It's a word that has so many layers. On a personal level it's what many of us think about when we imagine we are gone and wonder what we might leave behind — perhaps for our kids, our community, even our nation.
It can conjure up those big "meaning of life discussions" if one is left too long to ponder it in all its aspects.
In many ways the word has been hijacked in Whistler as it is constantly linked to the hosting of the 2010 Winter Olympic Games.
For years leading up to the event the talk was all about the legacy the Games would leave behind, not just in our town, but also in Vancouver and beyond.
There were, after all, not just the physical legacies of the Games — sliding tracks, skating ovals, athlete villages — there was the emotional legacy too. That feel good, we did it, rah-rah sort of blanket we wrapped ourselves in.
And there is no doubt that Whistler gained many crucial legacies from the Games including the athletes' village, now our Cheakamus neighbourhood, a boundary expansion, and an upgraded highway to the resort to mention just a few.
But I can't help but remember several inspiring conversations I had with top officials of the organizing committee put together to host the Games about how one of the greatest legacies would always be the idea that in Canada everyone competes on a level playing field, that a sense of fair play is part of how we would put on the Games.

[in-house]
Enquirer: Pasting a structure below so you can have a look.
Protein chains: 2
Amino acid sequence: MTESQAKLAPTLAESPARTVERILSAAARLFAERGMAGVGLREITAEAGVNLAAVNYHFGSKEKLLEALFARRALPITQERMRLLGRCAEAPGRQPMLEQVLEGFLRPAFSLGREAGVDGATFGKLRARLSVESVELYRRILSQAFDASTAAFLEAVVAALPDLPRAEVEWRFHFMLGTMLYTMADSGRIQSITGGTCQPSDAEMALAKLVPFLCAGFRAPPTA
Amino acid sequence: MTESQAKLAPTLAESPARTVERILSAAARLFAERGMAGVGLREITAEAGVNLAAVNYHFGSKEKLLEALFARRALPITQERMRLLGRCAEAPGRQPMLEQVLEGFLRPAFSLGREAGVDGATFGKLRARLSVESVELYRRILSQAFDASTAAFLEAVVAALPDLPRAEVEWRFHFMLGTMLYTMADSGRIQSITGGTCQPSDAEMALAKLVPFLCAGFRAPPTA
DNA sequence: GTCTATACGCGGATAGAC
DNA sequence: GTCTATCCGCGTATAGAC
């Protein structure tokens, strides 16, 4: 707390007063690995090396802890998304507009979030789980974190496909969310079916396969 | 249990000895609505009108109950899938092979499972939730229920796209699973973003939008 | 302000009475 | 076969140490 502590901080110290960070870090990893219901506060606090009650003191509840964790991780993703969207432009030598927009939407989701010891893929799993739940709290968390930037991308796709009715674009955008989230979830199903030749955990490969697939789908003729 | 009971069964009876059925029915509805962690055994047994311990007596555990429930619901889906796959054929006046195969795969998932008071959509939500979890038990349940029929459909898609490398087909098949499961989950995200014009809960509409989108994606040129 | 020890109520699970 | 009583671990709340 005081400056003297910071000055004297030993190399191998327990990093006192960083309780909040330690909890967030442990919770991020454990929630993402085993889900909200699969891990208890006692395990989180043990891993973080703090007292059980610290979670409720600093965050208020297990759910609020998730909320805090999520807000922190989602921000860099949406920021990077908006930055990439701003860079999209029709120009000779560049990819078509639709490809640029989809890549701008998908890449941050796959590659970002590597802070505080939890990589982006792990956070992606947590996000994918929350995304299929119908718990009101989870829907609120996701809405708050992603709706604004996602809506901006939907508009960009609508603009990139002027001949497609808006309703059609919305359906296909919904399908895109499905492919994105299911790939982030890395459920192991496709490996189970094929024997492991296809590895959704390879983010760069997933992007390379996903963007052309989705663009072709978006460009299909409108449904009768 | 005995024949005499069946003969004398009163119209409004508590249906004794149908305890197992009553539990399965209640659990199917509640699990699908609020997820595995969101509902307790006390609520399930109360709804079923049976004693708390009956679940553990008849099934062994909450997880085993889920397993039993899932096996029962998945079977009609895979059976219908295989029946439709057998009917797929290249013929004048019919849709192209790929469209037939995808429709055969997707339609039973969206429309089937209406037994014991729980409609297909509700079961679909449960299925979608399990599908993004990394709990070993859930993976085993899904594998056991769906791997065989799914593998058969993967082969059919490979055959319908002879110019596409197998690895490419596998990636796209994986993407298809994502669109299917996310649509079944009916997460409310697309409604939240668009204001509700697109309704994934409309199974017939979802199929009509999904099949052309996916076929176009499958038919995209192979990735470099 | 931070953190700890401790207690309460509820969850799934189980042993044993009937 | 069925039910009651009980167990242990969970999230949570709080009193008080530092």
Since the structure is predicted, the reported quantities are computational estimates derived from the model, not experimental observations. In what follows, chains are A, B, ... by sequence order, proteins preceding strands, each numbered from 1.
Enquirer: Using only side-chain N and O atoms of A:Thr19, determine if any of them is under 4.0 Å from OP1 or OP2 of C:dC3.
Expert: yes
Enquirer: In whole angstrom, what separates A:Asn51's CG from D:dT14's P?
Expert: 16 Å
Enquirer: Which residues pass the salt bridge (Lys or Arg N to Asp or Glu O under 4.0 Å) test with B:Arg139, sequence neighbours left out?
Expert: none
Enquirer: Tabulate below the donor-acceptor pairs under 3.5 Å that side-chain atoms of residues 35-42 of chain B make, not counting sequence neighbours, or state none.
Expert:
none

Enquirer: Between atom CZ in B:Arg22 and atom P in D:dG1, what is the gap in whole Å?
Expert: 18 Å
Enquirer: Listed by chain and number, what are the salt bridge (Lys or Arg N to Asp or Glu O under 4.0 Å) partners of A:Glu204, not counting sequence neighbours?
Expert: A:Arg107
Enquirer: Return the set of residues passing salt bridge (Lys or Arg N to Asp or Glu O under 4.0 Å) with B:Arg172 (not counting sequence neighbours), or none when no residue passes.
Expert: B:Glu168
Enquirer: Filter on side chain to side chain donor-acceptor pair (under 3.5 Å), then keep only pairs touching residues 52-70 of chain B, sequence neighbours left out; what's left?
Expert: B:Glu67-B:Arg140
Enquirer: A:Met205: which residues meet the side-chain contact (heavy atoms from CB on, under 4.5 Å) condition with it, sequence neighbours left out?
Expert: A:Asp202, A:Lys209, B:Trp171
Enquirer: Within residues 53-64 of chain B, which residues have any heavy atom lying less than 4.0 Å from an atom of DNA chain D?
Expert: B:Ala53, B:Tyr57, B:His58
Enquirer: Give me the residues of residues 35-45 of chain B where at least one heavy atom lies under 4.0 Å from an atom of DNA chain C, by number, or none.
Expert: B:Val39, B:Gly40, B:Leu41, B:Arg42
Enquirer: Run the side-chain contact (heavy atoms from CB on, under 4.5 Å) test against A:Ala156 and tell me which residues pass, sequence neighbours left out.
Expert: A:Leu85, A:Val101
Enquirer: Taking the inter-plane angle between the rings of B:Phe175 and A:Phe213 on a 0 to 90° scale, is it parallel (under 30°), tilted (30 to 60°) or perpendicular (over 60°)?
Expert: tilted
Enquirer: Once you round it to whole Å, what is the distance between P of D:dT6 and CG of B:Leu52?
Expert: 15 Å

Perhaps it is the recollection of these understandings that causes me to struggle with the situation in the Callaghan.
In the last few months we have learned of on-going discussions between Callaghan Country and the Whistler Legacies Society (WLS). These talks have not gone well and the result has been that users of the area now have to buy a pass to all three local cross-country areas — Lost Lake, Whistler Olympic Park (WOP) and the Callaghan — or choose between WOP and the Callaghan.
No more joint use, joint parking, joint grooming. No more feeling like we are all in this together.
I remember chatting with Brad Sills of Callaghan Country years before the Games. I can still recall the passion as he spoke about "his valley" and how it was a natural for the Nordic events. Back then there was even talk of putting the sliding events out there. I travelled by snowmobile down the proposed line of the track. Not even the speed of the ride could wipe the smiles off our faces.
Back then talking about the Games with Sills was like talking to a kid who had just learned that he was about to get every present he ever wanted for Christmas all at the same time.